Research Article: Nur77 deletion impairs muscle growth during developmental myogenesis and muscle regeneration in mice

Date Published: February 7, 2017

Publisher: Public Library of Science

Author(s): Omar Cortez-Toledo, Caitlin Schnair, Peer Sangngern, Daniel Metzger, Lily C. Chao, Rebecca Berdeaux.


Muscle atrophy is a prevalent condition in illness and aging. Identifying novel pathways that control muscle mass may lead to therapeutic advancement. We previously identified Nur77 as a transcriptional regulator of glycolysis in skeletal muscle. More recently, we showed that Nur77 expression also controls myofiber size in mice. It was unknown, however, whether Nur77’s regulation of muscle size begins during developmental myogenesis or only in adulthood. To determine the importance of Nur77 throughout muscle growth, we examined myofiber size at E18.5, 3 weeks postnatal age, and in young adult mice. Using the global Nur77-/- mice, we showed that Nur77 deficiency reduced myofiber size as early as E18.5. The reduction in myofiber size became more pronounced by 3 weeks of age. We observed comparable reduction in myofiber size in young myofiber-specific Nur77-knockout mice. These findings suggest that Nur77’s effect on muscle growth is intrinsic to its expression in differentiating myofibers, and not dependent on its expression in myogenic stem cells. To determine the importance of Nur77 expression in muscle accretion in mature mice, we generated an inducible-, muscle-specific, Nur77-deficient mouse model. We demonstrated that tamoxifen-induced deletion of Nur77 in 3-month-old mice reduced myofiber size. This change was accompanied by increased activity of Smad2 and FoxO3, two negative regulators of muscle mass. The role of Nur77 in muscle growth was further elaborated in the cardiotoxin-induced muscle regeneration model. Compared to wildtype mice, regenerated myofibers were smaller in Nur77-/- mice. However, when normalized to saline-injected muscle, the recovery of sarcoplasmic area was comparable between Nur77-/- and wildtype mice. These findings suggest that Nur77 deficiency compromises myofiber growth, but not the regenerative capacity of myogenic progenitor cells. Collectively, the findings presented here demonstrate Nur77 as an important regulator of muscle growth both during prenatal and postnatal myogenesis.

Partial Text

Muscle wasting is a prevalent problem in disuse, diabetes, cancer cachexia, glucocorticoid excess, HIV, and aging. Skeletal muscle is the dominant site of insulin- and exercise-stimulated glucose disposal and a major target of insulin-sensitizing anti-diabetic medications. Reduced muscle mass impairs ambulatory function, stability, and systemic glucose metabolism. Optimizing muscle mass therefore has the potential to improve glycemic control, prevent disability, and improve quality of life. Uncovering regulatory pathways that control physiological muscle growth provides the basis for understanding and potentially reversing the pathological mechanisms of muscle wasting.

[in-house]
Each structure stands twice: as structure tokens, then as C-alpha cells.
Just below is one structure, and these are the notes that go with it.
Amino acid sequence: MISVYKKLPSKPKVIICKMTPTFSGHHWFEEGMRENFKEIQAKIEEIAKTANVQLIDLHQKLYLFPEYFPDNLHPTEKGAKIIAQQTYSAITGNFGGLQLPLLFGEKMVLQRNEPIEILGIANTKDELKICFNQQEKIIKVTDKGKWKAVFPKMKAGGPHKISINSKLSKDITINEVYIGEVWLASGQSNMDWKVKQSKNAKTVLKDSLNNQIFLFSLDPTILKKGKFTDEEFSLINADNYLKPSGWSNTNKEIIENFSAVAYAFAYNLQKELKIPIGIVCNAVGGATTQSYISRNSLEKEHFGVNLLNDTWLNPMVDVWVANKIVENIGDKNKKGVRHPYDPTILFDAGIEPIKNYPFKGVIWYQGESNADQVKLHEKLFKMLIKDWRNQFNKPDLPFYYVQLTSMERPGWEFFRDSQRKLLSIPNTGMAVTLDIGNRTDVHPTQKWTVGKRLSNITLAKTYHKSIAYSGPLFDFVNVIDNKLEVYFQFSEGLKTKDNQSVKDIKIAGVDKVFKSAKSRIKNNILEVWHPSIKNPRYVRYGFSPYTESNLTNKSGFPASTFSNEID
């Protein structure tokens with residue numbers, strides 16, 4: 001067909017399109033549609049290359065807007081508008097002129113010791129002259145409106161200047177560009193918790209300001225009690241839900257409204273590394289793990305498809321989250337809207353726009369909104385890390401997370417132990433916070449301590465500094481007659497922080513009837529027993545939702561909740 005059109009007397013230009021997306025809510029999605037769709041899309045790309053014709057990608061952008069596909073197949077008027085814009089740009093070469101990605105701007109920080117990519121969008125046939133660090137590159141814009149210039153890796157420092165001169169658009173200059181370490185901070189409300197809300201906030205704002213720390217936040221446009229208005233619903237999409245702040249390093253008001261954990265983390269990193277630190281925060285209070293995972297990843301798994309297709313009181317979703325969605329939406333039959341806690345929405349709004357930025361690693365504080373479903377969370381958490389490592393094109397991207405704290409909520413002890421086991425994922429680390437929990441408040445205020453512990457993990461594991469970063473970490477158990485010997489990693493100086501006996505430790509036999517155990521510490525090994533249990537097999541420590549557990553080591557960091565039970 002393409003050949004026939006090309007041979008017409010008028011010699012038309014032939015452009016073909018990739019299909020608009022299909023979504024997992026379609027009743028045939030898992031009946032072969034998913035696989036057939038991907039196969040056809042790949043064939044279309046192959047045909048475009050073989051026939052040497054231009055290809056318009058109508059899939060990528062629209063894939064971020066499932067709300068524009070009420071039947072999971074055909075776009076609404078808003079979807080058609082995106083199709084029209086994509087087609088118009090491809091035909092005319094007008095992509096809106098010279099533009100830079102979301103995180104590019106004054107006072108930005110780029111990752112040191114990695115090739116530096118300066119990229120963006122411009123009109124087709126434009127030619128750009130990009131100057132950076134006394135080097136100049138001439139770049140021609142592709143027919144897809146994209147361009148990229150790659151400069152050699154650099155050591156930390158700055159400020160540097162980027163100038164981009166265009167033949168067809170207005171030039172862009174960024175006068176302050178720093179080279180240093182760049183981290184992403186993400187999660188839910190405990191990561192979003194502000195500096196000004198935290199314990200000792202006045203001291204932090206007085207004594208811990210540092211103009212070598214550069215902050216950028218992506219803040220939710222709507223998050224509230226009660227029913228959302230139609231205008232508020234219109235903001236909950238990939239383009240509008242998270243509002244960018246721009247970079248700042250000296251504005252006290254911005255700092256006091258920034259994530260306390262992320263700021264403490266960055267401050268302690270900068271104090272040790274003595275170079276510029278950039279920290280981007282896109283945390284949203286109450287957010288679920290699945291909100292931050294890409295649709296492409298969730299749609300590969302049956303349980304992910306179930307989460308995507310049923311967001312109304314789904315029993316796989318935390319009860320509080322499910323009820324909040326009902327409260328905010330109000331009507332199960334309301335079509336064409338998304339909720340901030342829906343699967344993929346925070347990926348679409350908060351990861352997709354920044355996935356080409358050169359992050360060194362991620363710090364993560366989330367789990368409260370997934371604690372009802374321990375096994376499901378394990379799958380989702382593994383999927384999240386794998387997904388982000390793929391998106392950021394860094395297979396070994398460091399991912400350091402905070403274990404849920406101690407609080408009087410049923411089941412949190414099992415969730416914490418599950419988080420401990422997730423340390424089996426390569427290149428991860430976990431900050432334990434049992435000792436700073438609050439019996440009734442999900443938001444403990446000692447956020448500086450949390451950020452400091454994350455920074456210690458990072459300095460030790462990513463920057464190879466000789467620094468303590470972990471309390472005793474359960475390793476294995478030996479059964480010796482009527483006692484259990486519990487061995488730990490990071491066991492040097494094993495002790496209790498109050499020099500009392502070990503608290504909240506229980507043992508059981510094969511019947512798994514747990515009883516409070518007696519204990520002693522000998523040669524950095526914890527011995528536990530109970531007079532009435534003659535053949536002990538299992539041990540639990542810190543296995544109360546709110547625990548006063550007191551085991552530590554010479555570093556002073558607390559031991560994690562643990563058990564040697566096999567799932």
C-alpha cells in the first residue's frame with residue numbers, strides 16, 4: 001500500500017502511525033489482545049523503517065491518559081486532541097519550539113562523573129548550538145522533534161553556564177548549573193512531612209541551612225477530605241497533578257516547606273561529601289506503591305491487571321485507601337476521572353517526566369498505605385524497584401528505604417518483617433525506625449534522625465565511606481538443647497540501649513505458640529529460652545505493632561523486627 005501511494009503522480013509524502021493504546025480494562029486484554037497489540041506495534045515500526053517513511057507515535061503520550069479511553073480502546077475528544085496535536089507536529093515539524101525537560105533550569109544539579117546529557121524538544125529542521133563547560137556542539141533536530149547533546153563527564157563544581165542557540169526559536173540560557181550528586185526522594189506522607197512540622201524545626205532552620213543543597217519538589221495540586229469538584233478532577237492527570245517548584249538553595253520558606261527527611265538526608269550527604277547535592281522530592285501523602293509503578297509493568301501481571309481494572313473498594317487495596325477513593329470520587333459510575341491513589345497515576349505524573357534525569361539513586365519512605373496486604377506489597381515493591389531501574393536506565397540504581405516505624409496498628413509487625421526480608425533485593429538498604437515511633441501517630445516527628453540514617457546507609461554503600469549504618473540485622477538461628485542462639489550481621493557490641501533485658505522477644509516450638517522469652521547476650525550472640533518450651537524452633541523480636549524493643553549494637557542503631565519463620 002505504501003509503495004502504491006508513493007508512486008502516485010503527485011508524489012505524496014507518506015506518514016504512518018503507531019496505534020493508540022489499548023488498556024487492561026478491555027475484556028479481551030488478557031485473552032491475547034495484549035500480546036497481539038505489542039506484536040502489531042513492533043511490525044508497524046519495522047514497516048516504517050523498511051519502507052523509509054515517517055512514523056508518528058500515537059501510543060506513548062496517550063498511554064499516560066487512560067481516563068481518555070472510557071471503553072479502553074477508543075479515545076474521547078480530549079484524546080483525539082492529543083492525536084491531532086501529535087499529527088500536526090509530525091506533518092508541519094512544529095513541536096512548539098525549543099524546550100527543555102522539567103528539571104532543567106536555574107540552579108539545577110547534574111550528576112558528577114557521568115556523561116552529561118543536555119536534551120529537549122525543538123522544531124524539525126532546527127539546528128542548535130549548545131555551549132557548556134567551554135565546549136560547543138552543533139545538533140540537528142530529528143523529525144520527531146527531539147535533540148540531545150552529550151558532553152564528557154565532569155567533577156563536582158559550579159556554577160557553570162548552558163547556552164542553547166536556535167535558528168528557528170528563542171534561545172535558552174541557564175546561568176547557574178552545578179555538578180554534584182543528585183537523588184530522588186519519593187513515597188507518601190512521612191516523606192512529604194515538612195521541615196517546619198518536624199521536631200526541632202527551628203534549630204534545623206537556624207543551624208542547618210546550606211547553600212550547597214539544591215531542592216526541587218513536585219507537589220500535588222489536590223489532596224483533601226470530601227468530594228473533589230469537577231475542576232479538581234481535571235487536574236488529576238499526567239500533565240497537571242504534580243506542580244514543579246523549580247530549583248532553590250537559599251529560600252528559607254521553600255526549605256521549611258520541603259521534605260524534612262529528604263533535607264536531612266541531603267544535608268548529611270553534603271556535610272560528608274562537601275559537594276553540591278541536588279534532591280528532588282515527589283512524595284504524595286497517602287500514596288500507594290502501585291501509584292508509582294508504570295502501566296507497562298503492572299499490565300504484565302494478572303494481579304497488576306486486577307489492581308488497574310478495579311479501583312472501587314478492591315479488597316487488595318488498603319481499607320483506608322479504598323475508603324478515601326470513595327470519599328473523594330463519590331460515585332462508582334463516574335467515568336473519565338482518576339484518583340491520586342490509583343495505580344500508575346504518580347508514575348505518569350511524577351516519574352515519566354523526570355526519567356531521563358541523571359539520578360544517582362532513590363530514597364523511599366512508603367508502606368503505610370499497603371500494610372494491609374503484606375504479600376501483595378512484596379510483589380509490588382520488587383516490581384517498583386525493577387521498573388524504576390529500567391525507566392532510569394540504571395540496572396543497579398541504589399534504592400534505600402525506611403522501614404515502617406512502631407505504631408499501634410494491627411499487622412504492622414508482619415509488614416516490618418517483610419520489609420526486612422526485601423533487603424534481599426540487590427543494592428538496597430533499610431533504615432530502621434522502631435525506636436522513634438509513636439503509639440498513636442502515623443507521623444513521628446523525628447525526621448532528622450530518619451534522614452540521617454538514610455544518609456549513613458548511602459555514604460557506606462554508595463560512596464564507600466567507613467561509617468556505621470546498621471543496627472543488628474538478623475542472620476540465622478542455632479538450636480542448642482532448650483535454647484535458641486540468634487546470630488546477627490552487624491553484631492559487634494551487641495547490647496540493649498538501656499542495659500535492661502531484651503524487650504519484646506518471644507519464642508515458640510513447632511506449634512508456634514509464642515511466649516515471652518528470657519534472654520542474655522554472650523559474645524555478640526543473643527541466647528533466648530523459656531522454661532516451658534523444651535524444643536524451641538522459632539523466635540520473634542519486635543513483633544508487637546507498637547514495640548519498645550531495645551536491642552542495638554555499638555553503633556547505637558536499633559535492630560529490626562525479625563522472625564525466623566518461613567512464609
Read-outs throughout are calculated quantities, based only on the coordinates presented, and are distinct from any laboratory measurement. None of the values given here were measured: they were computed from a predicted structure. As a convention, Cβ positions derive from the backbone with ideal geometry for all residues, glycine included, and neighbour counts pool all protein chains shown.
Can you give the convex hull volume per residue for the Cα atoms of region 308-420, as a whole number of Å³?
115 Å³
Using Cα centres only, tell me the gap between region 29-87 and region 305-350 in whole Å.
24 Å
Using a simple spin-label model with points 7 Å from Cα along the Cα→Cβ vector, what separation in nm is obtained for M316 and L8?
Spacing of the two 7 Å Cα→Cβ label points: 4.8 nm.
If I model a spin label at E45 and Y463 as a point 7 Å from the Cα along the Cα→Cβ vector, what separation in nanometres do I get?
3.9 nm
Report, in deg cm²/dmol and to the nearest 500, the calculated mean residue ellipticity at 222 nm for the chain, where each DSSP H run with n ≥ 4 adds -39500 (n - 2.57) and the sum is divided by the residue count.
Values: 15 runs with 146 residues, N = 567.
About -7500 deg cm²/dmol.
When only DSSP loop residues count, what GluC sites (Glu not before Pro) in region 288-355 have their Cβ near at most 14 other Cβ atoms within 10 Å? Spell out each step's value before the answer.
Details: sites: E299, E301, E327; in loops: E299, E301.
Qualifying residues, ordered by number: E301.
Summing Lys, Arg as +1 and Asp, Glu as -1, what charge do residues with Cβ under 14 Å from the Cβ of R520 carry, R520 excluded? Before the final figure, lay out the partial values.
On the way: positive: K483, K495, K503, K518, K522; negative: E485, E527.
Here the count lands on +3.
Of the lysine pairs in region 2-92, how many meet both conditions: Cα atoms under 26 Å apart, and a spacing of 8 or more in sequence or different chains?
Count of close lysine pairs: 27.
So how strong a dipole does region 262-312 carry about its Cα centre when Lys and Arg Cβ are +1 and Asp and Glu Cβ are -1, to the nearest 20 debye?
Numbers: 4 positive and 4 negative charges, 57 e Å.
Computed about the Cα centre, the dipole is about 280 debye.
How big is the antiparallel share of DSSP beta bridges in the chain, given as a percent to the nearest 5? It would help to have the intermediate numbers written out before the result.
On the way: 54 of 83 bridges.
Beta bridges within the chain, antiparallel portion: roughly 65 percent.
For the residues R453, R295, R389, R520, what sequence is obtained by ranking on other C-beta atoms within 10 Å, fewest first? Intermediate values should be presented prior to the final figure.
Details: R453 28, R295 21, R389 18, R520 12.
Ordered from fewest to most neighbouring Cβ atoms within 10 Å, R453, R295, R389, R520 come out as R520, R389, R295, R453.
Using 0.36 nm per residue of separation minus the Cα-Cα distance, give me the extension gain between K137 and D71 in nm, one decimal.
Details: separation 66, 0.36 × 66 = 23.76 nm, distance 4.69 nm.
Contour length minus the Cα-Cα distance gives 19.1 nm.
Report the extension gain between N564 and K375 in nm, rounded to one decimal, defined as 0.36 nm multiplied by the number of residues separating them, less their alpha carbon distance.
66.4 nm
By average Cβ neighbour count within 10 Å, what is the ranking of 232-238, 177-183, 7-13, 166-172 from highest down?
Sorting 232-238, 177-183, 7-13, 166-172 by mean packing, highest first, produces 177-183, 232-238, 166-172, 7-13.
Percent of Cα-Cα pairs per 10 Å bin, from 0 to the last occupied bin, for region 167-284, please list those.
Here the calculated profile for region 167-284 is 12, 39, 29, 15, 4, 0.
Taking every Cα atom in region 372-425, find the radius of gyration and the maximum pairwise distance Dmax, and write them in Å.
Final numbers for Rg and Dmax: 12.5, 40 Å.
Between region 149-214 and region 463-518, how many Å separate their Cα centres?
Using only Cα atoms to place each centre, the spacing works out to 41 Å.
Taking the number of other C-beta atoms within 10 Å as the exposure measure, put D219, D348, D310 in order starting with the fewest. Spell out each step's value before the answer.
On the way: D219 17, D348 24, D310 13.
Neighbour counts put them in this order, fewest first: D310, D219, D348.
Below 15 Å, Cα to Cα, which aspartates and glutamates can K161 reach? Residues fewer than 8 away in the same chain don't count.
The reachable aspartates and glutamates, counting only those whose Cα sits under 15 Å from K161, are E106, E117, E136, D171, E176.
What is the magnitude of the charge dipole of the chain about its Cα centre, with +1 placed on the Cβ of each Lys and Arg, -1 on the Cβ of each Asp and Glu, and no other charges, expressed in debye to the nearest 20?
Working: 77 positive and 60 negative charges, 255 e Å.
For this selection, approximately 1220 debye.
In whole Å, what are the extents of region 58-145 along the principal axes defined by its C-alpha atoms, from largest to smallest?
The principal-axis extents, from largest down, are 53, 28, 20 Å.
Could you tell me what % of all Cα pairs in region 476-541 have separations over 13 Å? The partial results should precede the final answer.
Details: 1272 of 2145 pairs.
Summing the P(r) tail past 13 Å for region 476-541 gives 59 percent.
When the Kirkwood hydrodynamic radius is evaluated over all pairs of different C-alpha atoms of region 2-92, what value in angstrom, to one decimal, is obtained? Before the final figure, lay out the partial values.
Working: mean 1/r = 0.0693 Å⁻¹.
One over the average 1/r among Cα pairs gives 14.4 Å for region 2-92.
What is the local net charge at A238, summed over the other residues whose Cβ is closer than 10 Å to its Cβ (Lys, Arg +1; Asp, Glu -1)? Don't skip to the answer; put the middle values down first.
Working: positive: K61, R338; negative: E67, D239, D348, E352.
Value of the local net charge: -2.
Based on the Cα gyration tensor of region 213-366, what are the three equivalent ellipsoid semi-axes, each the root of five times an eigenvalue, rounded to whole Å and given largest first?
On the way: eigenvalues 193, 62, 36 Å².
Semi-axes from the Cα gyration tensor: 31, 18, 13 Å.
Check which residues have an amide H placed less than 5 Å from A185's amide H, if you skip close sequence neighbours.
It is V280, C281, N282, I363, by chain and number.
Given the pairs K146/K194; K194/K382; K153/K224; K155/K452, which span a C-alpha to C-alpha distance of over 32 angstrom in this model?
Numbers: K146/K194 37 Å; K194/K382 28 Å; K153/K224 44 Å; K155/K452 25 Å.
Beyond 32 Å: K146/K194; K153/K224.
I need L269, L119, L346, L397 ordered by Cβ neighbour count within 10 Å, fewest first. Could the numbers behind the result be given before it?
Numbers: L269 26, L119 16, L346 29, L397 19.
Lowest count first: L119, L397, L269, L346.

We previously showed that Nur77 expression in skeletal muscle is a determinant of muscle mass in mice. The time course of this regulation remained unknown, however. Here we showed that the reduction in myofiber size was evident in Nur77-deficient mice size as early as E18.5, but became more pronounced by 3 weeks of age, highlighting the importance of Nur77 expression in both fetal and postnatal muscle growth. We further demonstrated in a novel, inducible model of Nur77 deficiency, that loss of Nur77 during adulthood is sufficient to compromise myofiber size, supporting our hypothesis that Nur77 mediates myofiber growth during physiological muscle accretion in adulthood. Muscle mass in the imKO mice was unaffected, however, in contrast to the ~ 10% decrease in muscle mass we observed in the mKO and global knockout mice [29]. We speculate that this difference underscores the importance of muscle Nur77 expression during muscle development, which is unperturbed in the imKO mouse. We also showed in the cardiotoxin-induced muscle regeneration model, that Nur77 expression is not required for myogenic differentiation, but is important in the growth of the regenerated myofibers. Finally, we demonstrated here that the effect of Nur77 on muscle growth is intrinsic to its expression in differentiated muscles, and not from its action in the myogenic stem cell compartment.




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